"I raised a fire in my heart": remembering Eroshenko
On 15 December each year Esperantists worldwide celebrate the birthday of L.L. Zamenhof, creator of Esperanto. Traditionally it is also celebrated as Esperanto Literature Day – as books have been written in Esperanto from its start in 1887. Many books have also been translated into Esperanto and, as original literature in Esperanto grew decade after decade, translations from Esperanto into other languages started to follow.
Many libraries worldwide collect Esperanto books. One of the biggest collections of Esperanto items is in the Austrian National Library. The Esperanto Collection of the British Library is one of the finest in the world: it has British publications from the beginning of Esperanto received by legal deposit as well as purchased and donated books and journals from many countries. It is a growing collection used by researchers from all over the world.
My own way into Esperanto started with a book. In 1973 the Ukrainian publishing house for children Veselka (‘Rainbow’) published a book by Nadiia Andrianova-Hordiienko Zapalyv ia u sertsi vohon’ (‘I Raised a Fire in My Heart’, the first line of Eroshenko’s poem Ekbruligis mi fajron en kor’, written in Esperanto). It is fascinating story about the life and work of the blind Esperantist, traveller and writer Vasili Eroshenko (1890-1952). I was so taken by the history of his extraordinary life and his travels with the help of Esperanto that in the autumn of the same year I enrolled on an Esperanto course in my home town of Khmelnitskyi, Ukraine.
Portrait of Vasili Eroshenko by Tsune Nakamura (1887-1924) (from Wikimedia Commons)
Years passed, and I met the author in Kyiv, who signed the book for me. In 1988 for the first time I walked the streets of London – the same ones as Vasili Eroshenko during his 6-month stay in London in 1912. Later I found books by Margaret Lawrence Blaise (1878-1935), pioneer of the Esperanto movement in Britain, in the British Library (her book The Esperanto Manual was very popular and had a few editions). She and her Belgian husband Paul Blaise hosted Eroshenko during his first 10 days in England when he arrived from Moscow by train via many European cities to London Charing Cross. Eroshenko’s arrival and stay in London were documented in British, Russian and Esperanto papers, as for example in The Daily Herald: “A Blind Russian, a member of a Moscow orchestra, having received six months’ furlough, has come to London, being passed on from town to town by Esperantists, and is engaged in learning English”.
The British Library holds about two dozen books by and about Vasili Eroshenko, published in the former Soviet Union (Serdtse orla, translations into Russian; Belgorod, 1962; 11769p.22 and a biography by Aleksandr Kharkovskii, Chelovek, uvidevshii mir (Moscow, 1978; X.908/85973)), in modern Ukraine (Kazky ta lehendy, translations into Ukranian; Kyiv, 2006; YF.2010.a.26418) and in Russia, as well as in China and Japan, where Eroshenko lived for many years and is very well known.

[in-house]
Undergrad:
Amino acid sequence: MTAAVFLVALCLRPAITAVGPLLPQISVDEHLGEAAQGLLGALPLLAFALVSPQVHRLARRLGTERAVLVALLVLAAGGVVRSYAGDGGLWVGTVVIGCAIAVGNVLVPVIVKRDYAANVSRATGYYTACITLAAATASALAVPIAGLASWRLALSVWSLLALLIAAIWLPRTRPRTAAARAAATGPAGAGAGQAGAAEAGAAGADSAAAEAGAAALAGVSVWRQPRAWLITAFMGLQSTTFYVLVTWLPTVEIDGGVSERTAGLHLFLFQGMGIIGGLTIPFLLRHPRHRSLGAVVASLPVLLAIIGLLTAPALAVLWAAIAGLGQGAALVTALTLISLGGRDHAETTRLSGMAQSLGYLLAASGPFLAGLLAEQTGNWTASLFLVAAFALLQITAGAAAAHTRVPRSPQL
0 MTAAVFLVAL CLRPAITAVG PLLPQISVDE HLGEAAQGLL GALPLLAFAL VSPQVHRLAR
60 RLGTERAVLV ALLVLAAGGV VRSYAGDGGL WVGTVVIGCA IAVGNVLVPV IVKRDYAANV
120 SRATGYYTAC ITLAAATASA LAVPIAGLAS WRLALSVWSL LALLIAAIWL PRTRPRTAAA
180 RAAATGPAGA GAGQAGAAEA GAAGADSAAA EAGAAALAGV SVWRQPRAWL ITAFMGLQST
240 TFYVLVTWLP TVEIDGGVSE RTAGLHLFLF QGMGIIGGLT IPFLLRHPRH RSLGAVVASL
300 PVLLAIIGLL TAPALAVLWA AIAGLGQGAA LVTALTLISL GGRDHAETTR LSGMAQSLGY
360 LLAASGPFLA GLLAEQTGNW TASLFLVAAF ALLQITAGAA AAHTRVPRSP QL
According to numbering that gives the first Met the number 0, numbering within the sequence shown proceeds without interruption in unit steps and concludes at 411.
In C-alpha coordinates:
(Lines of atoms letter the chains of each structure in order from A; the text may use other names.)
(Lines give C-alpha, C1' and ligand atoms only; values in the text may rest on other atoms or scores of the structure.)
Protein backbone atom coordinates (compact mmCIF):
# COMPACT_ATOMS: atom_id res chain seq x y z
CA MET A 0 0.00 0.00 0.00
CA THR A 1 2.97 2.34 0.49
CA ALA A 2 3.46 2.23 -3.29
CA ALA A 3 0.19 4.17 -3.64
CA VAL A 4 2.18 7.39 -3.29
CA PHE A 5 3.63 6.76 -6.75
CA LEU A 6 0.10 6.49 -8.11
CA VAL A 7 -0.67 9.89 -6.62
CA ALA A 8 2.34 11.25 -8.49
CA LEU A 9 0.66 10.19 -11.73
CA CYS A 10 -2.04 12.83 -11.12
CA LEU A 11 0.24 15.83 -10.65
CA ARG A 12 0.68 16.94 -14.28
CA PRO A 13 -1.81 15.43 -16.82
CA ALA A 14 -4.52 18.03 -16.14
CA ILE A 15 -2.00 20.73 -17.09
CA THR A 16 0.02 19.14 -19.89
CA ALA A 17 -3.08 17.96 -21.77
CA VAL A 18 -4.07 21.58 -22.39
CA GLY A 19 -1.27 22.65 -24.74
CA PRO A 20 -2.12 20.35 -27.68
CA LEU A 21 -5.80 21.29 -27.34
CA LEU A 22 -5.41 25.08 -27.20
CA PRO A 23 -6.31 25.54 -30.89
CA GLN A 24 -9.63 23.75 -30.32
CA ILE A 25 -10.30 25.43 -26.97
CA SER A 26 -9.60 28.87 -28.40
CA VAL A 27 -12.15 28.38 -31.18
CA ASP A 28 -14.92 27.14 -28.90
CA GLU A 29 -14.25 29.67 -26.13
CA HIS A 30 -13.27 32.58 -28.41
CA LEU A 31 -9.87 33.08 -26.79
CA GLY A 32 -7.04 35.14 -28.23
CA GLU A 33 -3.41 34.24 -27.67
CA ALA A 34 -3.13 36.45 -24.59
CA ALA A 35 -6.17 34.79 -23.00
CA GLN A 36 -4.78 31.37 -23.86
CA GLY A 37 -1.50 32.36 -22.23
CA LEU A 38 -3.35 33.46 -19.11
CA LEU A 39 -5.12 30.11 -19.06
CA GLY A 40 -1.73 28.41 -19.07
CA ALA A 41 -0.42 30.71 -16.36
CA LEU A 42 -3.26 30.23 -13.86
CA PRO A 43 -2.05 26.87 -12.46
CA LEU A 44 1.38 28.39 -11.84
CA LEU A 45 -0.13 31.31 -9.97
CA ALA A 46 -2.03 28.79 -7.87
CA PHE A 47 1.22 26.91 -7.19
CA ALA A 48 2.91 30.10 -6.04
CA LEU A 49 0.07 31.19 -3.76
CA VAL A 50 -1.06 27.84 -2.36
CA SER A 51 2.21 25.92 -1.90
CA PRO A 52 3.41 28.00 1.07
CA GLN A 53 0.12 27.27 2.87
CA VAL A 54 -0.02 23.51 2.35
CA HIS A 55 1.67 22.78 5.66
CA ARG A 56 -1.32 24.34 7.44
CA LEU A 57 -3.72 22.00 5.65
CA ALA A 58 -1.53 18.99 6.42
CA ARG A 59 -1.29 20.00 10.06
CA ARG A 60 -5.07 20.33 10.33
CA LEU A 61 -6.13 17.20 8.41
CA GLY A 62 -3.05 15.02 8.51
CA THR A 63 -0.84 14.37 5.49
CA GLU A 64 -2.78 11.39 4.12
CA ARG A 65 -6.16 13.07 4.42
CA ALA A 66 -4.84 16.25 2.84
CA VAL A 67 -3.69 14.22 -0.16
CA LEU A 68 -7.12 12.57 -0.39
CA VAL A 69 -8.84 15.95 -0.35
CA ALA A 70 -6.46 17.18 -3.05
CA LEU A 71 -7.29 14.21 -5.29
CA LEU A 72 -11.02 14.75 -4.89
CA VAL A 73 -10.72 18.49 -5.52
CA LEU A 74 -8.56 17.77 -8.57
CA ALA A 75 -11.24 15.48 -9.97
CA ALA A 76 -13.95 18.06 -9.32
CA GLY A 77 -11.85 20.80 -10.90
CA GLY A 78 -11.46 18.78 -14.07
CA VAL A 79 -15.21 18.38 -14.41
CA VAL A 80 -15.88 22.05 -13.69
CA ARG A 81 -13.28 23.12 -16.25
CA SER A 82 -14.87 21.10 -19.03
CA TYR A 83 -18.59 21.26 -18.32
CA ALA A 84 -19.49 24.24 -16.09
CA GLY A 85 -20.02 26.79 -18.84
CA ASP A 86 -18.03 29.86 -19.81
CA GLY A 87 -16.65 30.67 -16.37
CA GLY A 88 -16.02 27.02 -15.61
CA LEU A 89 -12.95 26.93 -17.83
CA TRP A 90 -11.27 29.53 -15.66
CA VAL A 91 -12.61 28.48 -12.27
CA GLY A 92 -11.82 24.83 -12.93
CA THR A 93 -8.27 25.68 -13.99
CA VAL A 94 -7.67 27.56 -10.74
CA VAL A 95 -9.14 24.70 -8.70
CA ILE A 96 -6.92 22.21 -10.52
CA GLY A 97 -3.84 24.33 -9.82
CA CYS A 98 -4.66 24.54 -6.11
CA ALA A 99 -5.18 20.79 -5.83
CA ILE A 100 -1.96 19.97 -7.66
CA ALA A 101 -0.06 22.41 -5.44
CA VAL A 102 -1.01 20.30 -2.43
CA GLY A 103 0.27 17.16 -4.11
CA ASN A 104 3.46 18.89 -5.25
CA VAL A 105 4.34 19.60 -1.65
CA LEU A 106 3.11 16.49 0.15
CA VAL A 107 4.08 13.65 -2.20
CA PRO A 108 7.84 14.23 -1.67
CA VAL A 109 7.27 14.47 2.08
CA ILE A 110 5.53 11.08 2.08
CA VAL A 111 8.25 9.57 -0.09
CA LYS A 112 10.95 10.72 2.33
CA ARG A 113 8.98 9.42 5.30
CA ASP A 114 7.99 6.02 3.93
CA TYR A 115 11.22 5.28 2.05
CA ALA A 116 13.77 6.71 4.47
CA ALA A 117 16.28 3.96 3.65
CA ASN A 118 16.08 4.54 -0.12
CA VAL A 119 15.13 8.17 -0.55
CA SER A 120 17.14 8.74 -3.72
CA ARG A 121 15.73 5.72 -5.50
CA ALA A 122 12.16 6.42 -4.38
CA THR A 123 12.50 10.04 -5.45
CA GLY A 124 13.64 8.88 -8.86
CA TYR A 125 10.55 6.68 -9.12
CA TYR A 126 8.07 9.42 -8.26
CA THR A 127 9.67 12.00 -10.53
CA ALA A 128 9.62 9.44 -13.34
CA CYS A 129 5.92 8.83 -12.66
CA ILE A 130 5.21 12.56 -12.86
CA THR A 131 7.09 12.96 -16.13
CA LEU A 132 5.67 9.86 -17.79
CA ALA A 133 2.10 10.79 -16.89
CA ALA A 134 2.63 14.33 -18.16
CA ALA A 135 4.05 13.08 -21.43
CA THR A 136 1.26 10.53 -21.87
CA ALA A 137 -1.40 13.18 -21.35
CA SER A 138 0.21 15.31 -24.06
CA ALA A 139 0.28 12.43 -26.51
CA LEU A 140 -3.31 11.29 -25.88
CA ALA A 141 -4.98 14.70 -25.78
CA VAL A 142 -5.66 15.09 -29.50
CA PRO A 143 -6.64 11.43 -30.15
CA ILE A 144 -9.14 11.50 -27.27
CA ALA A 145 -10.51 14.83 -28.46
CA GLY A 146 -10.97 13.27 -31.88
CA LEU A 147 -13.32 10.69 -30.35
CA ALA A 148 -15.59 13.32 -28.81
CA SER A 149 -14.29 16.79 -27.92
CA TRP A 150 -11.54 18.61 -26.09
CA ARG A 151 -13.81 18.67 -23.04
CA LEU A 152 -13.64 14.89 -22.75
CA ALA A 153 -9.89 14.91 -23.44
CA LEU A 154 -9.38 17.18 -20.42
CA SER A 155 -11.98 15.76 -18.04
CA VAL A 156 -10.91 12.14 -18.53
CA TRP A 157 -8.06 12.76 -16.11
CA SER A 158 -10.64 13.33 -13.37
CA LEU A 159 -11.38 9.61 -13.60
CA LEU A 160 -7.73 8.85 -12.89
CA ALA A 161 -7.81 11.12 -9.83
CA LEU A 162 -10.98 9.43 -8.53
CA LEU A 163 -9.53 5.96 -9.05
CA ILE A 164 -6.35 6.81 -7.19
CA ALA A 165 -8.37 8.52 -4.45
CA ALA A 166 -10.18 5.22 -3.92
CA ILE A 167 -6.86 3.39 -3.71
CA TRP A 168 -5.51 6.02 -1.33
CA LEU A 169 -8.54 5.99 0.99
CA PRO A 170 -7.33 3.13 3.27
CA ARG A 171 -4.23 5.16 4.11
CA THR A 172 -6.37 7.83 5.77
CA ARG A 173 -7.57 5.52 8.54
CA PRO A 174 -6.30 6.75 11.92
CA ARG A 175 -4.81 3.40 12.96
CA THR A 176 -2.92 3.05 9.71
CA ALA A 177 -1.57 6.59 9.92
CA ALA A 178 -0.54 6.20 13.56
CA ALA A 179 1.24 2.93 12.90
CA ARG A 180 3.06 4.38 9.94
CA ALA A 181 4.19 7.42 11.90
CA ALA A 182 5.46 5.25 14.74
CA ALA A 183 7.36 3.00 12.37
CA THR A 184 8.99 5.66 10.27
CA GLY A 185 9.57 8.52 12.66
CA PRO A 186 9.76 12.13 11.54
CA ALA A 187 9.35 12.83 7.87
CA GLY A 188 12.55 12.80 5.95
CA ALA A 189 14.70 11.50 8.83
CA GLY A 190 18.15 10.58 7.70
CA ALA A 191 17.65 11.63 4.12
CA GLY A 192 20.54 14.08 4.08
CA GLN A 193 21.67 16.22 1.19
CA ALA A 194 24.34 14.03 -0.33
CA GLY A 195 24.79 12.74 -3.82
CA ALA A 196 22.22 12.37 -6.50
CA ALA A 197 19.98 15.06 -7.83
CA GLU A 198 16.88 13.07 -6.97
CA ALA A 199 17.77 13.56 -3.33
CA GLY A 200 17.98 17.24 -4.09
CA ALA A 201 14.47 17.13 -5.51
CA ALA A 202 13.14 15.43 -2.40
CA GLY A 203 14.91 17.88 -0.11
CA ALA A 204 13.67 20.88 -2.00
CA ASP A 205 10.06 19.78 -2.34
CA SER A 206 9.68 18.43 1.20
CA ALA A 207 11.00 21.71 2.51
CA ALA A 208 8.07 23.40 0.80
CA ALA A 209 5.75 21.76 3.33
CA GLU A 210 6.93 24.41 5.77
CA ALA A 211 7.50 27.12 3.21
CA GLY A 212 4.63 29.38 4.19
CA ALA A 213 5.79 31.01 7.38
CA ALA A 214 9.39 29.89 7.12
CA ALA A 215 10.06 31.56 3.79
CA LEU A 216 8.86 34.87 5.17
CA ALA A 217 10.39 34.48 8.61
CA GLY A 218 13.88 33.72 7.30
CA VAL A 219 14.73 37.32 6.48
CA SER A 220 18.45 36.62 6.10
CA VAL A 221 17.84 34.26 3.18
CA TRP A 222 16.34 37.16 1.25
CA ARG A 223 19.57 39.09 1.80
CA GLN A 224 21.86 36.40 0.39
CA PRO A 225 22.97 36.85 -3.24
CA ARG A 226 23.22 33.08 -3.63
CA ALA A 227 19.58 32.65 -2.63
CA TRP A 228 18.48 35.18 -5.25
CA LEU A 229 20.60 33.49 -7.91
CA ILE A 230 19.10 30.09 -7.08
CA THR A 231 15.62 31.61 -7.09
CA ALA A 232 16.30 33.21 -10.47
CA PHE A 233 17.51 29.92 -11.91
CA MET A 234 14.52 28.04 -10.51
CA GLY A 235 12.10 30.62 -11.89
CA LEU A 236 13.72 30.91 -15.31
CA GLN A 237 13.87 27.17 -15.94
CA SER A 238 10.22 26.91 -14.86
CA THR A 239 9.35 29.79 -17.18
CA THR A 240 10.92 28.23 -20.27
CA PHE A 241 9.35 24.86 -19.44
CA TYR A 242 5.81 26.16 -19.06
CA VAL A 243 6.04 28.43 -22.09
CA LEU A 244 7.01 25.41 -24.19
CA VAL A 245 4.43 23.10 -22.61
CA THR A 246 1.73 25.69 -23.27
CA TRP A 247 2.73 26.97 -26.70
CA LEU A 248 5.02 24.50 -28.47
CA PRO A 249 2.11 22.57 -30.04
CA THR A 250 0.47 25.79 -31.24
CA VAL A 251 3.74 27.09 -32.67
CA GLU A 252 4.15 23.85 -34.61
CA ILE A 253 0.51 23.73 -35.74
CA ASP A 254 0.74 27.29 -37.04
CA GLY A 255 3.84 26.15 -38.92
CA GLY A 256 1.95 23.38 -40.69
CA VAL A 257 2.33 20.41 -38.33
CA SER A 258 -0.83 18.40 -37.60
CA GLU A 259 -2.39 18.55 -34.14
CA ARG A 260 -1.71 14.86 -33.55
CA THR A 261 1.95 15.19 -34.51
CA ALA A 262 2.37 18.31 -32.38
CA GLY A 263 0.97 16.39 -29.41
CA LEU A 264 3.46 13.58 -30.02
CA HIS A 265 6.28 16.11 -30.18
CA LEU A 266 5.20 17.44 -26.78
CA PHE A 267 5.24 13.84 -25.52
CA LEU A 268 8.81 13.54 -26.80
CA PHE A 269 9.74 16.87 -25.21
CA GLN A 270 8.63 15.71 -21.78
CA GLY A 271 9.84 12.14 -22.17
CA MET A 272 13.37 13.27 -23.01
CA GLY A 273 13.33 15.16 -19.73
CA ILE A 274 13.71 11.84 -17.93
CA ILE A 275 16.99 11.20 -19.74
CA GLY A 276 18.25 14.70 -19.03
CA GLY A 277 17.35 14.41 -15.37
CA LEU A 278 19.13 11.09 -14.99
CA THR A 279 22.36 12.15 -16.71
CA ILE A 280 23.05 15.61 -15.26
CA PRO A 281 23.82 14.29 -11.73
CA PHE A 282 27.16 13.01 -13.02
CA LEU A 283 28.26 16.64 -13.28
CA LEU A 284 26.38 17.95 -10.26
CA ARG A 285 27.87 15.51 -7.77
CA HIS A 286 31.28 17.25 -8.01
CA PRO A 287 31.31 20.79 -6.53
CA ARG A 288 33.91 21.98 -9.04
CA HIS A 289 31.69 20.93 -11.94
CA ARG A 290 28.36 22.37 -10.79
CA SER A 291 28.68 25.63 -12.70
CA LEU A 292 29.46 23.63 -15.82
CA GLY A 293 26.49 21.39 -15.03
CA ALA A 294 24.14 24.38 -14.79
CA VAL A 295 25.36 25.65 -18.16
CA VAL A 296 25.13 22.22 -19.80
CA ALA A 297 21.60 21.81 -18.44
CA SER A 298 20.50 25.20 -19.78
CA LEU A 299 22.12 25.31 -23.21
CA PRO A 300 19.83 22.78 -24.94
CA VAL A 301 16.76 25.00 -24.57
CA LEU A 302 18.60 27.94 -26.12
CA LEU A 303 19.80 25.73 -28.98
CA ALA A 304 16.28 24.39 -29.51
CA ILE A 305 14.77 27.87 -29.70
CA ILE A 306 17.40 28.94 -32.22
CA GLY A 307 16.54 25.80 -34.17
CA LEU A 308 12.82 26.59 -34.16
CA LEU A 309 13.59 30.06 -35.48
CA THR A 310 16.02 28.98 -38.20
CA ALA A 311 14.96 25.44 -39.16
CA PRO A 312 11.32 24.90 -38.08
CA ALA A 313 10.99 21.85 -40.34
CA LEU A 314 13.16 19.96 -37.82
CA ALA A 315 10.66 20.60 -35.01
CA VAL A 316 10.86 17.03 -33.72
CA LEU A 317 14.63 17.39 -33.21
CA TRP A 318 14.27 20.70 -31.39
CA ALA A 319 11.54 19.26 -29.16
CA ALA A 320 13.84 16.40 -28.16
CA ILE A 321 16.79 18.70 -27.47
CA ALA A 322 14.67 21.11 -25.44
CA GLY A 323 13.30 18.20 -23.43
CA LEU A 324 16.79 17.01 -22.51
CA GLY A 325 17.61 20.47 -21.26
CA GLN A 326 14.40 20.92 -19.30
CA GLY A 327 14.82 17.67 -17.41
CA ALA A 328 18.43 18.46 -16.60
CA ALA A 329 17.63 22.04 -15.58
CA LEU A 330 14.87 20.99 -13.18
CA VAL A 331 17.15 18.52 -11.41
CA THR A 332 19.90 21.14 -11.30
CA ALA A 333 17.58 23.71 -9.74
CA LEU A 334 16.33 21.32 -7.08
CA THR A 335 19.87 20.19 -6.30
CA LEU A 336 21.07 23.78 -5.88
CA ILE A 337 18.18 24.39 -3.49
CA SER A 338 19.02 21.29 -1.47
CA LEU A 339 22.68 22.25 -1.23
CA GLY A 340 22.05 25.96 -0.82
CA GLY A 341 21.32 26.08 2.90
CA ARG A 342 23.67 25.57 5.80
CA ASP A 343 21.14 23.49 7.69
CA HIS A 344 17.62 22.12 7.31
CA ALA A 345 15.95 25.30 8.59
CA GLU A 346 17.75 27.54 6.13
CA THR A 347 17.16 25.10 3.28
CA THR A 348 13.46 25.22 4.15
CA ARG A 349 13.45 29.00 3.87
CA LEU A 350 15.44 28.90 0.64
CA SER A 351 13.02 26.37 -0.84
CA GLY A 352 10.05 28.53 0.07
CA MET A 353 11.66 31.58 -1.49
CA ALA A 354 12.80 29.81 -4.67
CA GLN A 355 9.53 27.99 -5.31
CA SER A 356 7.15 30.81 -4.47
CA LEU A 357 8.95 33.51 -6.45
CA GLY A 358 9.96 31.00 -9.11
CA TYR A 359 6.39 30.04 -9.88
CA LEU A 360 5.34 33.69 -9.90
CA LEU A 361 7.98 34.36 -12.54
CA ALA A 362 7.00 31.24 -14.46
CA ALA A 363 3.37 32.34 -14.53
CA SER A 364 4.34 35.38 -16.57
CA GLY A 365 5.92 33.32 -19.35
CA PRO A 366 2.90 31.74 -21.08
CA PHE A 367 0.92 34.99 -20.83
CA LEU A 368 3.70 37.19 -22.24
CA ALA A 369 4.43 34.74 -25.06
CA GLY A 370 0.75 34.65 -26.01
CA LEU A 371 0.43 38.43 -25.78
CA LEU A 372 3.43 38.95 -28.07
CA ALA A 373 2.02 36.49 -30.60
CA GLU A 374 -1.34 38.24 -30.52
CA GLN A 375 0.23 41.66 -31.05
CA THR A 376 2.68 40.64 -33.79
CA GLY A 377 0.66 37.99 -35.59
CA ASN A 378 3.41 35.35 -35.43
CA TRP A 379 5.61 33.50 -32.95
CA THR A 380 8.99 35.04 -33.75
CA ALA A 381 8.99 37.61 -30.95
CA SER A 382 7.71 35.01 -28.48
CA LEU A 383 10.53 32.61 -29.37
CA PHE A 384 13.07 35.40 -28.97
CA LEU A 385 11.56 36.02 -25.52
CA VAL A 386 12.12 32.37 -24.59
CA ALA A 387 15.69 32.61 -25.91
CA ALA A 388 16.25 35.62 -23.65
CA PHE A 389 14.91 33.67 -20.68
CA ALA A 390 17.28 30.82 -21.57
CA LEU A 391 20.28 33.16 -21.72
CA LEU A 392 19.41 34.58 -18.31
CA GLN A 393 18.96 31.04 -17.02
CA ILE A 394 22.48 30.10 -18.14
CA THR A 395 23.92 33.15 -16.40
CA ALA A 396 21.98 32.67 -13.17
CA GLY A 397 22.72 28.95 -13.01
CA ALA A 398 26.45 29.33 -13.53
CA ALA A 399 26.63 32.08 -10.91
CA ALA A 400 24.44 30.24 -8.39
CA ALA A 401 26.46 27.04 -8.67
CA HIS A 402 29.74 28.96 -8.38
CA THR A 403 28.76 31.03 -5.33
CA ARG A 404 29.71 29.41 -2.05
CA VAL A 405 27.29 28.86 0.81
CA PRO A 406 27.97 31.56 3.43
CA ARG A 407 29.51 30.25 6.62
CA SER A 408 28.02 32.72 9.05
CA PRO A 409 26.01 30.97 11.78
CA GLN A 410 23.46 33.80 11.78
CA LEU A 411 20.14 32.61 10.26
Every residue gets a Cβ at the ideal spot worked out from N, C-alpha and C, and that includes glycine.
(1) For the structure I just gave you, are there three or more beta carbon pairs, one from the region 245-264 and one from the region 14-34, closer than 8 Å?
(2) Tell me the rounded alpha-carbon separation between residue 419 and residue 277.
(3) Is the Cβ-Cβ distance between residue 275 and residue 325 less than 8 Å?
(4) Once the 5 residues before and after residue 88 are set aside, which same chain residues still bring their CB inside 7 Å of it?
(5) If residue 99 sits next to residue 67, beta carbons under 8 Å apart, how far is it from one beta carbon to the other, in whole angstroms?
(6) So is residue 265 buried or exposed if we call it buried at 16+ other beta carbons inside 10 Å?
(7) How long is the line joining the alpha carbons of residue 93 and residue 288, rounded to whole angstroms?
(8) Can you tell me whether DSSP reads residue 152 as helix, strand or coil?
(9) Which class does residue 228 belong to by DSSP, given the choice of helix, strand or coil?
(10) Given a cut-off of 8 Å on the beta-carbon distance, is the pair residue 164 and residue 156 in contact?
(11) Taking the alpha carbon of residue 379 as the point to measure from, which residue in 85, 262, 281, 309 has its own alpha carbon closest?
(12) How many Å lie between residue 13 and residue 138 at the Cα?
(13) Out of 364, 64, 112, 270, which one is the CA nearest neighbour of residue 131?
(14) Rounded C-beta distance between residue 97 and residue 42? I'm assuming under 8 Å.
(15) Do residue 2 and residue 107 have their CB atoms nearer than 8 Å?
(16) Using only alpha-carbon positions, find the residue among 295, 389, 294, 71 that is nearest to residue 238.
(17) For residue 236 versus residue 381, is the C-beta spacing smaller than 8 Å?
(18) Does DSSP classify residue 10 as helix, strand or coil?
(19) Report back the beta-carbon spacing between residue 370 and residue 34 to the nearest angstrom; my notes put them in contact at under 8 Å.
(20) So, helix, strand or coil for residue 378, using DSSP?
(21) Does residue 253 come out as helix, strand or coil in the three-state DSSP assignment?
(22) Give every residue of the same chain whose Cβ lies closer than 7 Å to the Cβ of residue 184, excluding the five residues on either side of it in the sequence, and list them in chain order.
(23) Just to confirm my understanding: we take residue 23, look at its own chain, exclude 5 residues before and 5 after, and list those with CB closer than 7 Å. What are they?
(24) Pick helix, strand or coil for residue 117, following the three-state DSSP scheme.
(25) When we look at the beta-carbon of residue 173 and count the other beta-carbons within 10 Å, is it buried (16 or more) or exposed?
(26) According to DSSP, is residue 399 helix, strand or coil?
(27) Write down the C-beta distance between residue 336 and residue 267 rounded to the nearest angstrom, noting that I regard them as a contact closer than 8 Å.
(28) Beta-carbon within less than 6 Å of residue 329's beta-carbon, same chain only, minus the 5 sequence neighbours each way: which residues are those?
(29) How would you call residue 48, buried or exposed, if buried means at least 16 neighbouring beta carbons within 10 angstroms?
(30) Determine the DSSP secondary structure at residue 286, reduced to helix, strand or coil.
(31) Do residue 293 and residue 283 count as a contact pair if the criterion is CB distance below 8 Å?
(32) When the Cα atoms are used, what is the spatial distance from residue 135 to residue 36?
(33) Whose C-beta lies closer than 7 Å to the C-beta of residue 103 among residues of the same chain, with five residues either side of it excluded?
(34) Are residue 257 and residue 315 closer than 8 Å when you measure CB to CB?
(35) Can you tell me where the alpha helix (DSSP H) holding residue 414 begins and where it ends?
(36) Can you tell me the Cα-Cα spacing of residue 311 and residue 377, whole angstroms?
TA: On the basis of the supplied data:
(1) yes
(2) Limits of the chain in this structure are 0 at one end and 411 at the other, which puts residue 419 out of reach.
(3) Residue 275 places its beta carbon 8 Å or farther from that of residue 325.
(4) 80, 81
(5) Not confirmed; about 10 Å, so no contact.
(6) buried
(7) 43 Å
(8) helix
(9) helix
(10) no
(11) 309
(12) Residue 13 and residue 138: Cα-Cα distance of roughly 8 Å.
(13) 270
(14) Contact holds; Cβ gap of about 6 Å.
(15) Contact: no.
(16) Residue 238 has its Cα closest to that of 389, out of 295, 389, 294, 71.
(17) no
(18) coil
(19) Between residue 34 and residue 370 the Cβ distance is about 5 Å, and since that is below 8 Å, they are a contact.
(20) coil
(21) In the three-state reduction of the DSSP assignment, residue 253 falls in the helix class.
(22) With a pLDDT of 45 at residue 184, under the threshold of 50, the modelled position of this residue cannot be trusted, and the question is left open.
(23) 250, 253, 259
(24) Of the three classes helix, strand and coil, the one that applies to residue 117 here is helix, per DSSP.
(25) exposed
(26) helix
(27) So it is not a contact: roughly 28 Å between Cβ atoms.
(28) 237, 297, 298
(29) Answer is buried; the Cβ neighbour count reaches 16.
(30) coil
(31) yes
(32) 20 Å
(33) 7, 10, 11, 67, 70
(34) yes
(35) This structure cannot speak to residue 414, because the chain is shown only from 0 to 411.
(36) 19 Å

In Japan the publishing house Japana Esperanto Librokooperativo published a whole series of lovely books of short stories and tales by Eroshenko (written originally in Esperanto or Japanese): Lumo kaj Ombro (Light and Shade; 1979; YF.2008.a.6621), La tundo ĝemas. El vivo de Ĉukĉoj (The Tundra is Groaning, From the Life of Chukchi; 1980; YF.2007.a.9371), Cikatro de Amo (Love’s Scar; 1996; YF.2007.a.9358); Malvasta kaĝo (Narrow Cage; 1981; YF.2007.a.9374); Stranga kato (A Strange Cat; 1983; YF.2007.a.9372); La kruĉo de la Saĝeco (The Jug of Wisdom; 1995; YF.2008.a.6620) and others (see picture below).
An interesting study about Eroshenko’s tales appeared recently in a book Developmental fairy tales. Evolutionary Thinking and Modern Chinese Culture by Andrew F. Jones (Harvard, 2011; YC.2011.a.7404). In Chapter 5 the author analyses the friendship between the great Chinese writer Lu Xun and Vasili Eroshenko and Eroshenko’s story ‘A Narrow Cage’ (Lu Xun translated Eroshenko’s story from Japanese into Chinese). Eroshenko himself features in Lu Xun's short story 'A Comedy of the Ducks'.
The oldest book in our collections which mentions Eroshenko dates from 1914 and comes from the pen of a keen helper of blind people, William Phillimore (1844-1934). In his essay La Graveco de Esperanto por la Blinduloj (The Importance of Esperanto for Blind; London, 1914; 875.r.6) he tells the story written by Eroshenko himself about his first travels abroad and published in La Ondo de Esperanto (January 1913) as an example of great use of Esperanto for blind people.
The memory of Vasili Eroshenko is alive: there is a small museum in his native village Obukhovka in Russia, the Charitable Foundation in Ukraine bears his name, conferences are organised to mark his anniversaries and study his works and ideas (like these virtual conferences in Russia Eroshenko i ego vremia – Eroshenko and his time), and new publications and translations appear regularly in various languages.
Every Esperantist has their own story to tell about “becoming an Esperantist”. I owe my fondness to the language and ideas of Zamenhof to a book about a life of one extraordinary man – Vasili Eroshenko.
Olga Kerziouk, Curator Esperanto Studies
Concise Encyclopaedia of the original Literature in Esperanto 1887-2007. (New York, 2008), pp. 107-113. YC.2008.a.12495
Kerziouk, Olga. Eroŝenko en Anglujo. In: La Brita Esperantisto, Autuno 2010, p. 7-14. ZK.9.a.8223